Some of the world’s largest ultramafic exposures occur in Southeast Asia and in Sabah (Malaysia, on the island of Borneo) total 3500 km2 (Proctor et al. 1988; Repin 1998). Sabah has an estimated 8000 plant species, of which, over half are known to occur on ultramafic soils (Van der Ent et al. 2015c). This region is a global hotspot for Ni hyperaccumulator plants with at least 25 different species discovered to date (Van der Ent et al. 2015b, c). The family Violaceae has two species of Rinorea (R. aff. bengalensis (Wall.) Gagnep. in Humbert and R. aff. Javanica Kuntze) that are Ni hyperaccumulators. In the genus Phyllanthus there are two known hyperaccumulators (P. cf. securinegioides Merr. and P. balgooyi Petra Hoffm. & A. J. M. Baker), at least 9 species in the genus Glochidion, one in the genus Actephila (A. alanbakeri Welzen and Ent), Flacourtia kinabaluensis Sleumer and Xylosma luzonensis Merr. in the Salicaceae and one species of Dichapetalum (D. gelonioides subsp. tuberculatum Leenh.) of the Dichapetalaceae. There are several Ni hyperaccumulators scattered in other families of other orders, including Shorea tenuiramulosa P.S.Ashton (Dipterocarpaceae), Walsura pinnata Hassk. (Meliaceae), Kibara coriacea (Blume) Hook. f. & A. Thomps (Monimiaceae), Psychotria sarmentosa Blume (Rubiaceae), Mischocarpus sundaicus Blume (Sapindaceae) (van der Ent et al. 2015b). In Sabah, nickel hyperaccumulators are restricted to circum-neutral ultramafic soils with relatively high phytoavailable nickel concentrations (van der Ent et al. 2016a).

A feature of woody tropical Ni hyperaccumulator plants is the extreme enrichment of Ni in the phloem tissue, literally colouring the phloem green from Ni ions (Mesjasz-Przybylowicz et al. 2016; Van der Ent et al. 2017a). This phenomenon has so far been described from Rinorea aff. bengalensis, R. aff. javanica (Violaceae), Dichapetalum gelonioides subsp. tuberculatum (Dichapetalaceae), Actephila alanbakeri, Phyllanthus cf. securinegoides, and P. balgooyi (Phyllanthaceae) with the latter exuding a dark green phloem sap containing up to 16.9% Ni (van der Ent and Mulligan 2015; Mesjasz-Przybylowicz et al. 2016).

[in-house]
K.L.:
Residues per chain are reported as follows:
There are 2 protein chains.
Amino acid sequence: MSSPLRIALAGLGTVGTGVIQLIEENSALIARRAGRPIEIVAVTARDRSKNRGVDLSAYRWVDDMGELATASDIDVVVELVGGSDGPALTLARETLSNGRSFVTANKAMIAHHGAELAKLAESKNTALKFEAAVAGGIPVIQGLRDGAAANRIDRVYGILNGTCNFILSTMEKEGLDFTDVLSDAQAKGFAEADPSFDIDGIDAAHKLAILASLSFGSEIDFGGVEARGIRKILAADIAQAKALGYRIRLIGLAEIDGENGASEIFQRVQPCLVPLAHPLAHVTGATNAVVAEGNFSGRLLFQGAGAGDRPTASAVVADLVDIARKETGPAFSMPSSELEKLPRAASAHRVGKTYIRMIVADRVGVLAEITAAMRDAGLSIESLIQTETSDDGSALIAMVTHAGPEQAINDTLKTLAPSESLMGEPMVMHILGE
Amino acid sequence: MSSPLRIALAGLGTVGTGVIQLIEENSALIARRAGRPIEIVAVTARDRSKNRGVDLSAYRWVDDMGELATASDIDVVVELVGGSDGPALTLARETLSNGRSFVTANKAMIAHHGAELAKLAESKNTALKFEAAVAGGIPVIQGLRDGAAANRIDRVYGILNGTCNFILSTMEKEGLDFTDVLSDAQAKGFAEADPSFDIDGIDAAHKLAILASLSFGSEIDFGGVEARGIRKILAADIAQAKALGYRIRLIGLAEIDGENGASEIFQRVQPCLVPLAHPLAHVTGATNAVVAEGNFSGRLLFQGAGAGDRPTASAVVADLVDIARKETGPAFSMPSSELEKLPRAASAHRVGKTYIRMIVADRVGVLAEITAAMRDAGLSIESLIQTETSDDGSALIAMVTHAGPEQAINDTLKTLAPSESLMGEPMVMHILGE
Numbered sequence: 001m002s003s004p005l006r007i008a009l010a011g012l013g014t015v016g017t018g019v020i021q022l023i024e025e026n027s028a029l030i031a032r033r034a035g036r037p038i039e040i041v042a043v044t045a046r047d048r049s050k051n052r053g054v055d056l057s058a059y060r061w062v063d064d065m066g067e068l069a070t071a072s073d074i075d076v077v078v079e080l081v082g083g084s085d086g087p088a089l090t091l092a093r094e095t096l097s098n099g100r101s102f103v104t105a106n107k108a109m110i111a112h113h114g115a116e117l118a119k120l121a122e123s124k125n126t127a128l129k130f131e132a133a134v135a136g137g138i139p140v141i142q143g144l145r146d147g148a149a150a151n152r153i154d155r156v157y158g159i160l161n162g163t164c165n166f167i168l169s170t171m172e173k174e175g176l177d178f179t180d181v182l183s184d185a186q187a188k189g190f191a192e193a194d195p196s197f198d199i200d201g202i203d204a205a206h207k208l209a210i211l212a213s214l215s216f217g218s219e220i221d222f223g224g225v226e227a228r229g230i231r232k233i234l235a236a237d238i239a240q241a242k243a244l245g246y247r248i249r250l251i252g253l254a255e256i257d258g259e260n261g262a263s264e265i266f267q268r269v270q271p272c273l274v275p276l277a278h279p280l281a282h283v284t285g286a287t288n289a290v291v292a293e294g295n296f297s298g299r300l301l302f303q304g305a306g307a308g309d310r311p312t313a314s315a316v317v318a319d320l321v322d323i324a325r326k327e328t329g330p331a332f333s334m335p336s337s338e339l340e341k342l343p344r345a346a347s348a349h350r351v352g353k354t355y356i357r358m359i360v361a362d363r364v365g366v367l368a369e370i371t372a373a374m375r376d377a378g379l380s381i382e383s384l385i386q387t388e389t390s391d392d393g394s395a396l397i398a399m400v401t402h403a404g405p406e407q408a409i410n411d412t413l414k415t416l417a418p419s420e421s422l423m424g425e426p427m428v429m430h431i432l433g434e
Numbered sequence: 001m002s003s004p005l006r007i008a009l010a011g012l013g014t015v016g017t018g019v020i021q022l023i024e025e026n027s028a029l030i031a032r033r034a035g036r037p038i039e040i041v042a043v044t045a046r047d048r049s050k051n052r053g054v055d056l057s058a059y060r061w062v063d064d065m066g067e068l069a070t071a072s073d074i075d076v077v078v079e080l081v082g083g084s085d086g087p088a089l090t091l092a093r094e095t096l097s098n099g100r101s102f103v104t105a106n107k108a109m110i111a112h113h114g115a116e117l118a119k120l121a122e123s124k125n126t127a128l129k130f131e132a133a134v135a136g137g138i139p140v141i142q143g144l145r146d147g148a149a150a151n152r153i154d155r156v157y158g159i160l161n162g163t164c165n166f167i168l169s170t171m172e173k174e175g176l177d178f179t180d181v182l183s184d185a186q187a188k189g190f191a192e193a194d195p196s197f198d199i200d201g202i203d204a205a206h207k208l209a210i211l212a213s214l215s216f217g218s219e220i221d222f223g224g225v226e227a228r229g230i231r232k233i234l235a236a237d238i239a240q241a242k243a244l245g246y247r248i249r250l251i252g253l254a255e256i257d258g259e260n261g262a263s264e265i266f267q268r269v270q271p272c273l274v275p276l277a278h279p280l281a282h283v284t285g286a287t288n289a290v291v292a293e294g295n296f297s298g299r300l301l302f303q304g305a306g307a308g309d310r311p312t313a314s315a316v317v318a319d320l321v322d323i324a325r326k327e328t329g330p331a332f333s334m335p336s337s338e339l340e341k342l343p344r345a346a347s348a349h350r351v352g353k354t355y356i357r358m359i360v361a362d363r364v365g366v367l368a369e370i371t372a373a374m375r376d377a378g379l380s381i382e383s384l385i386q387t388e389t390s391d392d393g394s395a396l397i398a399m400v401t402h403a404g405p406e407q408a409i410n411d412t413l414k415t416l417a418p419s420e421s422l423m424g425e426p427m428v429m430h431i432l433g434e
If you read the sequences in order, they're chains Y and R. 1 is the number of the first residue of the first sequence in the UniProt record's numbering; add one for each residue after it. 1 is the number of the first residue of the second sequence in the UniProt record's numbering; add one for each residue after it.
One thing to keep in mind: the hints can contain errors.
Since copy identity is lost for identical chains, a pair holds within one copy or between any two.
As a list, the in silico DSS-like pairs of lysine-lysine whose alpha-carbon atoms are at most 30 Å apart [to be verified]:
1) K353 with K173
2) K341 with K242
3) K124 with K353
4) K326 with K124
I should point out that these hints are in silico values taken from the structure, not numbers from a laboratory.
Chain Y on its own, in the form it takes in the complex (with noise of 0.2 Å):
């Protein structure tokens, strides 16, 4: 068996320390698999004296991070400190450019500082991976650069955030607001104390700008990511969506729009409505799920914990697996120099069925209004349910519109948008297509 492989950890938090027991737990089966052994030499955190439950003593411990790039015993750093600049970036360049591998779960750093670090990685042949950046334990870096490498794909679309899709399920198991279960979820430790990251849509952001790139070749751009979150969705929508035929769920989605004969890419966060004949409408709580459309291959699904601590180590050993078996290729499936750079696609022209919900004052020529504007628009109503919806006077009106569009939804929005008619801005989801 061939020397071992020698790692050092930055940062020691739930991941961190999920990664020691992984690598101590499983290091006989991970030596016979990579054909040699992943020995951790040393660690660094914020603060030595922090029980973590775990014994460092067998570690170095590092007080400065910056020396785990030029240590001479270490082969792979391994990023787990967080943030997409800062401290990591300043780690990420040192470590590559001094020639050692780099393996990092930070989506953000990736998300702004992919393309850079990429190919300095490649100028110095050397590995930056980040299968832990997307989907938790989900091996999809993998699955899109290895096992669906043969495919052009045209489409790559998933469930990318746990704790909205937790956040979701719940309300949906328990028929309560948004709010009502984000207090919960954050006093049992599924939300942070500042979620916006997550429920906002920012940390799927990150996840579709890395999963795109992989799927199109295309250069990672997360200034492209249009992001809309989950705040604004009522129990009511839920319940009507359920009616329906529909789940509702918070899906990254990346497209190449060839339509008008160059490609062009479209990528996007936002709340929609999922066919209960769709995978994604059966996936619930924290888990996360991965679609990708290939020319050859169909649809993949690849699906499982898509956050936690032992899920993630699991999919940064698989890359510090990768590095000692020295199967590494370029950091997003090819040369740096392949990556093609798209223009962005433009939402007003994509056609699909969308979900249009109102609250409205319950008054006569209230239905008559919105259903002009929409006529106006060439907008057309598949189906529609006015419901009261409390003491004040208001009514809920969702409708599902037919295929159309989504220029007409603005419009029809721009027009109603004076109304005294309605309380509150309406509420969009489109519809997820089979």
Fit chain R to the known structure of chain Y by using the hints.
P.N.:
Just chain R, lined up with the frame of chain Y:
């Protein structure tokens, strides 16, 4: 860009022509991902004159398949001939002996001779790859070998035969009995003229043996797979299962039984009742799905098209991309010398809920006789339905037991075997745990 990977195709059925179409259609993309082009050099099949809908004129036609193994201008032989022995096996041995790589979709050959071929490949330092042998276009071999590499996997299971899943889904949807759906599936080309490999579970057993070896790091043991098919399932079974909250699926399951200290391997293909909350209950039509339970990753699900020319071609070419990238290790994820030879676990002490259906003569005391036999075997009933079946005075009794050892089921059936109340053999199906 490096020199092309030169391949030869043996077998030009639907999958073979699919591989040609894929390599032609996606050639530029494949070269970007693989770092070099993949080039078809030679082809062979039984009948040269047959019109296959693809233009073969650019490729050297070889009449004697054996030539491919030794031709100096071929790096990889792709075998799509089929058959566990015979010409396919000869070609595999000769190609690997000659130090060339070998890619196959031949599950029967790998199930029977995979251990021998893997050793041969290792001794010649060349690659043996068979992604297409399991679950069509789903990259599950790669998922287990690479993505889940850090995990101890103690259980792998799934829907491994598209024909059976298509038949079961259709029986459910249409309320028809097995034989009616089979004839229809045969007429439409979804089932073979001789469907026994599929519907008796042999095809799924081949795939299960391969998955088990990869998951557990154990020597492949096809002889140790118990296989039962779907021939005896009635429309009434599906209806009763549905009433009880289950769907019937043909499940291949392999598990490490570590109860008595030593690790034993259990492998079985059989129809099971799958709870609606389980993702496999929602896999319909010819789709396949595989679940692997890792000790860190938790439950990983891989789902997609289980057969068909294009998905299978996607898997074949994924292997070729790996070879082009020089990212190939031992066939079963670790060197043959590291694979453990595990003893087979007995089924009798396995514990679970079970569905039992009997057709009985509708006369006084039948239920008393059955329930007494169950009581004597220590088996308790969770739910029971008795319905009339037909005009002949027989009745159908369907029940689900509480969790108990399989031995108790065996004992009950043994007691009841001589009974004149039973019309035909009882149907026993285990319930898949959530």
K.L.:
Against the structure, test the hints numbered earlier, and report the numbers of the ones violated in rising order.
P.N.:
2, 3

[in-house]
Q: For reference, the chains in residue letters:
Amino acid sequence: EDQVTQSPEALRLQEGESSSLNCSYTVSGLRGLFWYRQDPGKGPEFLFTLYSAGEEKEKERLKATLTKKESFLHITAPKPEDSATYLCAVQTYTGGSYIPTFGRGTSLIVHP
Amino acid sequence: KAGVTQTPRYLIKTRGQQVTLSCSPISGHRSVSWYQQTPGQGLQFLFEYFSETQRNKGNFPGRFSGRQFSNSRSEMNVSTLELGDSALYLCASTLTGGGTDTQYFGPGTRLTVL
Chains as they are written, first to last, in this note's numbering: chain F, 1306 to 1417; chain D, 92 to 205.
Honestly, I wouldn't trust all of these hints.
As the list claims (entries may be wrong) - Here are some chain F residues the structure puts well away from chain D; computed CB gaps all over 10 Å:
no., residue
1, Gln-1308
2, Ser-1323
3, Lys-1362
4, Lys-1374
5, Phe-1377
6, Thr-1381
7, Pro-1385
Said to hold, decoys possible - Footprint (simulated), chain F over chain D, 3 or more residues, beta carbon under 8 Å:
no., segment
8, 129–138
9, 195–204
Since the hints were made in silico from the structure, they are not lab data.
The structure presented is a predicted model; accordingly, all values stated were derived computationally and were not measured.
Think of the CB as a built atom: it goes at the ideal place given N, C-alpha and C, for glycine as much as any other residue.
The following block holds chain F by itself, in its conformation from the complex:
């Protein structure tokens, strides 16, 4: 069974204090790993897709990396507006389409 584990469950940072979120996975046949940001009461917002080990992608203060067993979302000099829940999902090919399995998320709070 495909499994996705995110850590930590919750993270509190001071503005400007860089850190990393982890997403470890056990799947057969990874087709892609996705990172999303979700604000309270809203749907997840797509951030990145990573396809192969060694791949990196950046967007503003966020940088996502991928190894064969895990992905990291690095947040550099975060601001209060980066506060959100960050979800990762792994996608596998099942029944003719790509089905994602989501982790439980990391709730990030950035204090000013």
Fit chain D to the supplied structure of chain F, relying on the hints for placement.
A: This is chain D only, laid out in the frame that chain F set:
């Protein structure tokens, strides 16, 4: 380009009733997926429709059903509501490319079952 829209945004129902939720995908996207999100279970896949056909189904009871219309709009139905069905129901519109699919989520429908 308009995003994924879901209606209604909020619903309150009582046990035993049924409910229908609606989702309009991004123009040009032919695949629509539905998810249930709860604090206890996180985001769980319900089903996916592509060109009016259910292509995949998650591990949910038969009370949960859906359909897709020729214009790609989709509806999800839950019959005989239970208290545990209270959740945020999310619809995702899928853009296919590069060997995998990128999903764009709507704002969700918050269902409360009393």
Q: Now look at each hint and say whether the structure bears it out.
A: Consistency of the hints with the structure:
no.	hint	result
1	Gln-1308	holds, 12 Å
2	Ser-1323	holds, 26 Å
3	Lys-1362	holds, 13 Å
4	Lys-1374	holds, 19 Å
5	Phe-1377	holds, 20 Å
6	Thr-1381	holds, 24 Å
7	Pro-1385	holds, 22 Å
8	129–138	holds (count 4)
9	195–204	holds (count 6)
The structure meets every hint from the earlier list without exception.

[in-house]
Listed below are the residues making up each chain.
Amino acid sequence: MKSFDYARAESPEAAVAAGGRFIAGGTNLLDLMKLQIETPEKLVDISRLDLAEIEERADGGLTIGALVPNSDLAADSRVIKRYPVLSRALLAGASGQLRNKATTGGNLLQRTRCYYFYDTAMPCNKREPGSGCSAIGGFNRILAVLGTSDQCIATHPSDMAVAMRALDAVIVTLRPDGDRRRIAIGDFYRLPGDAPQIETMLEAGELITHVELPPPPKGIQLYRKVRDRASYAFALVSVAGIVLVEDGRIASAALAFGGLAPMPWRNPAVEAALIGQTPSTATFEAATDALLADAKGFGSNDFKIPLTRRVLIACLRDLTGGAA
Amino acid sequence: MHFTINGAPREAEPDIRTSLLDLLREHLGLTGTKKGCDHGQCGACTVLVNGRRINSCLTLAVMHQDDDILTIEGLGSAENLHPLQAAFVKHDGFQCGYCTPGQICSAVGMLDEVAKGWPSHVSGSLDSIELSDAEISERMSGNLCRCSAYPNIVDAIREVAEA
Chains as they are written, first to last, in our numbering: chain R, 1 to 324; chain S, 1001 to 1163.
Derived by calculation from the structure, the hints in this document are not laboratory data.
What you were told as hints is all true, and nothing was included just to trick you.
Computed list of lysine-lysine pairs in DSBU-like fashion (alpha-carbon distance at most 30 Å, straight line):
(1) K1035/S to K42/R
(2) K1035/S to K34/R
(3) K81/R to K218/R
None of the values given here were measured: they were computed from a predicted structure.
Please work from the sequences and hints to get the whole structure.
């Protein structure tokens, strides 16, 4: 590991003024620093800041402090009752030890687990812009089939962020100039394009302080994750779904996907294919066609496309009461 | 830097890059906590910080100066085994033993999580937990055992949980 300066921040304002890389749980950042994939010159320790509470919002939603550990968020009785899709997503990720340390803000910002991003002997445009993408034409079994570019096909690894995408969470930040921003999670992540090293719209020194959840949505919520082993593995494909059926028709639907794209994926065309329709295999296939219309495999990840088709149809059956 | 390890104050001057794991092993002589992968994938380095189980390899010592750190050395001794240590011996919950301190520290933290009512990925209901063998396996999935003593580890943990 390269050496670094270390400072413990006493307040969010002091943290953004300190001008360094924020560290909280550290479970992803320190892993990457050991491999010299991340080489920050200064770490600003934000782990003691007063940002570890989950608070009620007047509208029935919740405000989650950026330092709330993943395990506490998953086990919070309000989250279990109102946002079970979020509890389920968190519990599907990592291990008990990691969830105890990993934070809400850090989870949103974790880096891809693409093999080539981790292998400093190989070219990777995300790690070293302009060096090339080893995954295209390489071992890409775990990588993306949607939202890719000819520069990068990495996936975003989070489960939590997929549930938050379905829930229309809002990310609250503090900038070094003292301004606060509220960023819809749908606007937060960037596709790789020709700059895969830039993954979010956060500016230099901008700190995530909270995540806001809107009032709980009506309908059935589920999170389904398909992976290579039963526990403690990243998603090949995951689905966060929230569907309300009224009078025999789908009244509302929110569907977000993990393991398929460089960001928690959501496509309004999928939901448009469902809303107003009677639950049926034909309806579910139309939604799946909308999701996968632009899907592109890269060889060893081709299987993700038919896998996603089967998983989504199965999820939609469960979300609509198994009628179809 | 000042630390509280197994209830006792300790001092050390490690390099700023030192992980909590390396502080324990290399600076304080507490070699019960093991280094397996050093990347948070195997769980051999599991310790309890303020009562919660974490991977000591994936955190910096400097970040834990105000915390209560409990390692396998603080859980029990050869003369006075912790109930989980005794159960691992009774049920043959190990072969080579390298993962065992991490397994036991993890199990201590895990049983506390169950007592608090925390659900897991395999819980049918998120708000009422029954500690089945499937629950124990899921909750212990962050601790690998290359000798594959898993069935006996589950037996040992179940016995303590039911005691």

Until recently, Ni hyperaccumulator plant species have been identified by screening using a field spot test based on dimethylglyoxime (DMG). Recently, the use of portable X-Ray Fluorescence Spectroscopy (XRF) instruments have enabled non-destructive analyses of existing herbarium collections (Gei et al. 2018). This method is fast (< 30 s) and hence makes it possible to perform systematic screening of entire phylogenetic lineages, which potentially results in the discovery of more hyperaccumulator plant species. Using XRF scanning, 6480 herbarium specimens were analysed at the Forest Research Centre (FRC) in Sabah (Herbarium Code: SAN) (Van der Ent et al. unpublished). We did not attempt taxonomical revisions because most specimens have been identified by botanical experts at the SAN herbarium, and we followed the taxonomical nomenclature in The Plant List ( Apart from representatives from many different families, all available specimens from the Phyllanthaceae were scanned. Given that this family globally hosts the greatest numbers of hyperaccumulators, the explicit aim was to uncover further hyperaccumulators that may exist in the Sabah flora. Up to now, no Ni hyperaccumulators are known from the genus Antidesma.